Too few minority leaders, says study
The biggest barrier to progress is the lack of time for professional development. "Without adequate investment of time, the benefits of professional development - for the individual and the organisation - cannot be realised," says a report on the research.
It paints an alarming picture of ageing management in further education, work-based learning and adult and community centres.
The report warns of a possible "succession crisis" among the next generation of leaders and managers as the current cohort approaches retirement age.
Chris Hughes, chief executive of the Learning and Skills Development Agency, which carried out the study, said: "We are sitting on a time bomb as 60 per cent of leaders will retire by 2007. It is vital that we nurture future managers and equip them to take over."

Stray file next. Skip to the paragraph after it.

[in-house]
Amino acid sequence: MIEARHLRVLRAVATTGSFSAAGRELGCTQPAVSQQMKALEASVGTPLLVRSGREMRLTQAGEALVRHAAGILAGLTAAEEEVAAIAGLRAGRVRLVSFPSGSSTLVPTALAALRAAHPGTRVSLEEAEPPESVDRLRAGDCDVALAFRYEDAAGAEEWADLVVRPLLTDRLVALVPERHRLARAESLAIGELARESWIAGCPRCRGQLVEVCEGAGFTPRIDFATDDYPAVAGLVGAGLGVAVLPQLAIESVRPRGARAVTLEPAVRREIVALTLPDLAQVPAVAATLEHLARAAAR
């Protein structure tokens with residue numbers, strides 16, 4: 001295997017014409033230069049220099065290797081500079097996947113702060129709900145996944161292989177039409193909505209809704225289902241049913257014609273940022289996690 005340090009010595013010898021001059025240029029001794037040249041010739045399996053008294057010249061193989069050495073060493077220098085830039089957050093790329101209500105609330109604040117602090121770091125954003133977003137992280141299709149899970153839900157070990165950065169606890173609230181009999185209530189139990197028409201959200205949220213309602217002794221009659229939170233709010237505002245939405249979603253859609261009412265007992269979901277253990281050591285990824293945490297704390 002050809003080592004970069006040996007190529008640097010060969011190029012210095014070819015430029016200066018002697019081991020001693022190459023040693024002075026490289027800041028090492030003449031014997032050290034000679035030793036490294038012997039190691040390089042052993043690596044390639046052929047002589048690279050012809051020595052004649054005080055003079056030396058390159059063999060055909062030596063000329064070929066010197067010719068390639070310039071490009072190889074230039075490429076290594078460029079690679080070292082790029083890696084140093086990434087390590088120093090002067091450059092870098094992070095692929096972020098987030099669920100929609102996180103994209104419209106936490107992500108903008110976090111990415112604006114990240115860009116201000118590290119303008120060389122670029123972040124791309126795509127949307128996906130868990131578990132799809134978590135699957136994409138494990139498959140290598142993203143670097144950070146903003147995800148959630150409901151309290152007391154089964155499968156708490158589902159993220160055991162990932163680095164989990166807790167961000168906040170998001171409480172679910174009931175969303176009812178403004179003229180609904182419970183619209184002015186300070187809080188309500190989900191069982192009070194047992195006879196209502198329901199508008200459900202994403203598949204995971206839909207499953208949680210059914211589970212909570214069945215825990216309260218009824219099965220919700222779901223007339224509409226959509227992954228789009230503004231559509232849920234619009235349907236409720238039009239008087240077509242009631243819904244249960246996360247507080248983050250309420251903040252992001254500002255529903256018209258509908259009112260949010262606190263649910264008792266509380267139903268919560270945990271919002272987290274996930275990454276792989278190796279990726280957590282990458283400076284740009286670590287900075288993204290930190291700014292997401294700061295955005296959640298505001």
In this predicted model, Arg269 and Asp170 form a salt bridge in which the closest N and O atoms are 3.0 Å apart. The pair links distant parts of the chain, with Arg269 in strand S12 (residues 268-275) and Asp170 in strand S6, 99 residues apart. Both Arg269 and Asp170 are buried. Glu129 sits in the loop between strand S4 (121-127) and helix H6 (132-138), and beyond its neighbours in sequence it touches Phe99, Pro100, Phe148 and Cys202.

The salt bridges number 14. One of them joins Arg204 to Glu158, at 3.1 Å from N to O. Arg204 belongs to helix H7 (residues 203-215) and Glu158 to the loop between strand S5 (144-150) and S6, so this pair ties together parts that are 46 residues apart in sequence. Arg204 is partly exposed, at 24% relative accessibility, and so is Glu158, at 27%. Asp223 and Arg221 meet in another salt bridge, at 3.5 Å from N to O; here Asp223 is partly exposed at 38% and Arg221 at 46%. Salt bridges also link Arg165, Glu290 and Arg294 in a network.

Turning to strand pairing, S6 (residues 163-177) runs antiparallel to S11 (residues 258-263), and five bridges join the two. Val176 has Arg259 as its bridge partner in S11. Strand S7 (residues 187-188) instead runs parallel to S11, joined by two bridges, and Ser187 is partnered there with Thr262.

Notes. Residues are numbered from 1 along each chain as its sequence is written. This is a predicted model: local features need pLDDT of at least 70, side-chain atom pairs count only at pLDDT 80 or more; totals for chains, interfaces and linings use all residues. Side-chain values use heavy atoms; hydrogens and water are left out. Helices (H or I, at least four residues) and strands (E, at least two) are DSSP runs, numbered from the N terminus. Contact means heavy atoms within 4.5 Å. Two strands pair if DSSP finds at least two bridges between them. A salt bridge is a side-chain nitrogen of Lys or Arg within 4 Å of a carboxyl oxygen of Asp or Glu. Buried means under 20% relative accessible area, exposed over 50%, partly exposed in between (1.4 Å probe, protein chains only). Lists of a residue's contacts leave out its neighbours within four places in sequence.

The survey of 2,000 managers was carried out last summer, five years after a similar study. It shows a huge surge of interest in leadership, with managers being much better qualified. But it shows a leap in the average age of managers at all levels.
In 1997, 24 per cent of managers in FE were over 50, compared with 42 per cent in 2002, says the report, Tomorrow's Learning Leaders. It calls for a boost in resources for the new Leadership College to carry out better research into leadership training, improve development opportunities for women and ethnic minorities and create more opportunities for supervisors and middle-management.
Graham Peake, director of the Leadership College, said: "The key findings of the research reported here are that leaders and managers in the sector remain predominantly white, male and middle-aged.
"There is much more to do to ensure that women and those from ethnic minority backgrounds are represented in leadership and management roles in a similar percentage to that of the general population."
'Tomorrow's Learning Leaders' by Michael Frearson is available free from the LSDA (Tel 020 7297 9144) and will be available online. See www.LSDA.org.uk